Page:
Virginia cardiologist: Using smartwatches and apps for a healthy heart

Smartphone apps and wearable devices that monitor people’s heart health are evolving at blinding speeds. A Northern Virginia cardiologist believes they’re helpful tools more people should be using.

They can, for example, measure heart rate, record an electrocardiogram and warn people if they’re having an abnormal heart rhythm.

“Some of them can even check your blood oxygen saturation and, in the era of COVID-19, it’s a huge advantage that people can make sure that they’re getting enough oxygen in their blood,” said Dr. Warren Levy, a board certified cardiologist and president of Virginia Heart, where he’s the chief medical officer.

Levy says there are many devices on the market that anyone can buy.

“Those would be your smartwatches, your smartphones, external devices that allow you to measure your electrocardiogram or your oxygen saturation,” Levy said. “Other wearable devices that we use need to come from a physician’s order.”

Levy cites a real-life example of how a smart watch can help heart health

A small wearable patch a doctor would prescribe might be worn for a week or month, for example, to measure heart rhythms in real time for review later.

Dr. Warren Levy is a board certified cardiologist and president of Virginia Heart, where he’s also the chief medical officer. (Courtesy Virginia Heart)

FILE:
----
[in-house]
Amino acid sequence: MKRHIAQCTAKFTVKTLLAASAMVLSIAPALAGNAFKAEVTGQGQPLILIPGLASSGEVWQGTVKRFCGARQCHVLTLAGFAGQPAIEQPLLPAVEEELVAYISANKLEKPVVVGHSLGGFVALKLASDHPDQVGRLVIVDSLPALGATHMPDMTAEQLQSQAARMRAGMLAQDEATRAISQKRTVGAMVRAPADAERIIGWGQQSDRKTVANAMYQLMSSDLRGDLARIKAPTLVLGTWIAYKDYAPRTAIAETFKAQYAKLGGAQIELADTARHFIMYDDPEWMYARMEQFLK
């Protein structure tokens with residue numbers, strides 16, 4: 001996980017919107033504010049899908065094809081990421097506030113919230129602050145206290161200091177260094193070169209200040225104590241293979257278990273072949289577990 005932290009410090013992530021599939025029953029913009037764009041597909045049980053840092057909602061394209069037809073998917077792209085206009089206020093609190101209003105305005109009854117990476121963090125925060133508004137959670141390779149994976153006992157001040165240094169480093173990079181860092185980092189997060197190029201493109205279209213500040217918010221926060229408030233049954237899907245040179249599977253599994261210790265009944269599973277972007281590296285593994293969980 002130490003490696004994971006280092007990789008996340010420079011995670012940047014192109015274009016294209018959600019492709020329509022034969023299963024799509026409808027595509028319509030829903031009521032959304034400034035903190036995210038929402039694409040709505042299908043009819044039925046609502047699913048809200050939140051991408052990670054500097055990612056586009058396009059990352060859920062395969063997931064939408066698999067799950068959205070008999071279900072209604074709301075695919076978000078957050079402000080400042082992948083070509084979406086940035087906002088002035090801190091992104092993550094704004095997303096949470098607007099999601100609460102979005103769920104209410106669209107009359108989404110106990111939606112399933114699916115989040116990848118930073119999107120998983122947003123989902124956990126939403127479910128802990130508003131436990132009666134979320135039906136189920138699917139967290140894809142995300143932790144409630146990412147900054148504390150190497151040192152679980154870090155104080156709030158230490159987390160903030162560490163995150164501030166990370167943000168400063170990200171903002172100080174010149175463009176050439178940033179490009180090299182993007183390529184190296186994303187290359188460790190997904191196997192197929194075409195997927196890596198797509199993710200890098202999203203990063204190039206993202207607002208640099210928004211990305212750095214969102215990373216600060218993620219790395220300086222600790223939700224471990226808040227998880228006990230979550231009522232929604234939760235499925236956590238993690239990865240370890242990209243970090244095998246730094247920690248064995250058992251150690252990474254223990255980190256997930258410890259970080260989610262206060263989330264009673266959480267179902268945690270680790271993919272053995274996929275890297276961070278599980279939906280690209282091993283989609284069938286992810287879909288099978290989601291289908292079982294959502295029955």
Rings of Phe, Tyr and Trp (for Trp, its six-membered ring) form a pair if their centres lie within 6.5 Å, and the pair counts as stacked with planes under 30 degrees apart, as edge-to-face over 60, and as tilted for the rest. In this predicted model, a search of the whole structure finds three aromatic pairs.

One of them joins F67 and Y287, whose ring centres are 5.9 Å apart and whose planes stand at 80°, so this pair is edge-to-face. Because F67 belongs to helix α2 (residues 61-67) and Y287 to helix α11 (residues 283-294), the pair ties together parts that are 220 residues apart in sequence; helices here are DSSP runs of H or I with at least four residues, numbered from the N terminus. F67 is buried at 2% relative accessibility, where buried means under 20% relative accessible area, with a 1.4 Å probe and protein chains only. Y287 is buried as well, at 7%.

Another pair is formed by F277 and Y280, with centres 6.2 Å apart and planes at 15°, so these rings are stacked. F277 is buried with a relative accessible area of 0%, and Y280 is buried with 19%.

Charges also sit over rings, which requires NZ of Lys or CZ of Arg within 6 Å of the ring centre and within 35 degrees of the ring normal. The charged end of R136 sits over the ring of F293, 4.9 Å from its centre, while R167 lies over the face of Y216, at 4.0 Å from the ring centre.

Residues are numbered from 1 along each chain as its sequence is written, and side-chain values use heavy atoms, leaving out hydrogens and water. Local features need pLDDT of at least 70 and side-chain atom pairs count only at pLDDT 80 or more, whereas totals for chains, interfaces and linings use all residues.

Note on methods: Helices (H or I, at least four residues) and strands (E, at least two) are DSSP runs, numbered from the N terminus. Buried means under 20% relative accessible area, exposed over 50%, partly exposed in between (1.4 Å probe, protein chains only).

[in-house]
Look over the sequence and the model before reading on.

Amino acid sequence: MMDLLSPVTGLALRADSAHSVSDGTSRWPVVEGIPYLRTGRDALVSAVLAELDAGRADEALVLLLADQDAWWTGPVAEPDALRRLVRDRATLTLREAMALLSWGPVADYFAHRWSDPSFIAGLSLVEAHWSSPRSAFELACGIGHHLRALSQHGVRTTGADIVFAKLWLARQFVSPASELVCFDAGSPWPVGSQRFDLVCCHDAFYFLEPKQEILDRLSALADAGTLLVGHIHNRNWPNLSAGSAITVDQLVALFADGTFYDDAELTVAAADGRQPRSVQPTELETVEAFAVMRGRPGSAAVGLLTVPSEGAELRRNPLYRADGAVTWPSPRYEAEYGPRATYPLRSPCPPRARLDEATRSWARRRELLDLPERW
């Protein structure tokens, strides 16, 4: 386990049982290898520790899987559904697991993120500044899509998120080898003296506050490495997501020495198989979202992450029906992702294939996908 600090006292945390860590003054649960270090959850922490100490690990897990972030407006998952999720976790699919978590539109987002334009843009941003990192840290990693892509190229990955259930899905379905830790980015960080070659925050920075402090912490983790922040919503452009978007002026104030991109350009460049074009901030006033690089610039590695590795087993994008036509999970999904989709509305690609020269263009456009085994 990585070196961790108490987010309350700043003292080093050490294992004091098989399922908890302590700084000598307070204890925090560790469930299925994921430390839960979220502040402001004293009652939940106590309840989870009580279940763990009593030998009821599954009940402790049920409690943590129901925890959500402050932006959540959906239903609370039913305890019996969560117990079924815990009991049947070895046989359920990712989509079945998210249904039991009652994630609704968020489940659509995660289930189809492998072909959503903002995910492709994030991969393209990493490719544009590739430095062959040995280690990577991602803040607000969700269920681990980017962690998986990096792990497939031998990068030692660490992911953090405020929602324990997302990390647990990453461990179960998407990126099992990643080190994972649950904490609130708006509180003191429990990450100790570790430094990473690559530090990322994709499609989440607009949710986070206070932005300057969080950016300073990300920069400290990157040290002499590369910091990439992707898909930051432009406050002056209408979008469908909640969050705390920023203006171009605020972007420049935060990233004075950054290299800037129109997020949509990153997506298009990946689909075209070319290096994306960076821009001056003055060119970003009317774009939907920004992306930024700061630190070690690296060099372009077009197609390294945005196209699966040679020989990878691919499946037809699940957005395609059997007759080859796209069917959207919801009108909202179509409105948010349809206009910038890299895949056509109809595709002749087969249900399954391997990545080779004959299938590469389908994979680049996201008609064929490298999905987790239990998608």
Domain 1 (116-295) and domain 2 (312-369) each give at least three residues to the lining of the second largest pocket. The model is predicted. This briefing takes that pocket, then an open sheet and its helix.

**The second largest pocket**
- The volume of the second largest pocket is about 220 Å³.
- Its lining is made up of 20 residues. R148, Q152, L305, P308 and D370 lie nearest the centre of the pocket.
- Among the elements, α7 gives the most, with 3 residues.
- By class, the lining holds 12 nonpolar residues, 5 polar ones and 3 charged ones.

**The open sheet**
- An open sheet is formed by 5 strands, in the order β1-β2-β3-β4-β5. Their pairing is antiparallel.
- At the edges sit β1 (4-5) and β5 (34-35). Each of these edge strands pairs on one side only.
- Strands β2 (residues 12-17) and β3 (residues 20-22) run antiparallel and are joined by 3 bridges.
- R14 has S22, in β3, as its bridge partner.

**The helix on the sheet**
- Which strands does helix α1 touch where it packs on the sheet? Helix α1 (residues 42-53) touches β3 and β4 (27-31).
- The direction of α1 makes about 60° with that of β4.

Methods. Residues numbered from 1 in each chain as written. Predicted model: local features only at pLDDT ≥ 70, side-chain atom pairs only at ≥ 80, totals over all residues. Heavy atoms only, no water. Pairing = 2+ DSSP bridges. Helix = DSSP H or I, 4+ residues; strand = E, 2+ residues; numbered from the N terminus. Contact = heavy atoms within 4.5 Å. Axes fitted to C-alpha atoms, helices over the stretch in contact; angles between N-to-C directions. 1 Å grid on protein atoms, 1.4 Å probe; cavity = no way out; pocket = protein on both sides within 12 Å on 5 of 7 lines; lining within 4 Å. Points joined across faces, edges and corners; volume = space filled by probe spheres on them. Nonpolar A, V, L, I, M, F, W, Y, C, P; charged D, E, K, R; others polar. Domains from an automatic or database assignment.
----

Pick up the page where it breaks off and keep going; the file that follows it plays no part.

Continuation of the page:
There also are other medical specialties using wearable devices.

“Whether it be physical therapists, or orthopedic surgeons, certainly our endocrinologists love some of the glucose, the sugar monitoring devices that people can wear to better manage their diabetes,” Levy said.

February is American Heart Month and Levy believes everyone should be actively responsible for their own health as best they can.

Levy said a recently published study, “showed that our older patients are much more resistant to using either health applications on smartphones, or any of these wearable devices.”

“And that’s unfortunate because that’s the population that would probably benefit most from having more feedback about their health and becoming better partners in their own health care.”

Levy said study after study shows that people who take an active role in their own well-being “do much better in the long run, have happier, healthier, more active lives. And it doesn’t take that much effort.”

What are some things to keep in mind, according to Levy?

  • Know your numbers
  • Keep blood pressure under control
  • Be aware of signs of diabetes
  • Visit your doctor regularly
  • Eat a heart healthy diet
  • Be active

“All it takes is 30 minutes of activity, five days a week, and that will markedly reduce your risk of cardiovascular disease,” Levy said.

Kristi King

Kristi King is a veteran reporter who has been working in the WTOP newsroom since 1990. She covers everything from breaking news to consumer concerns and the latest medical developments.

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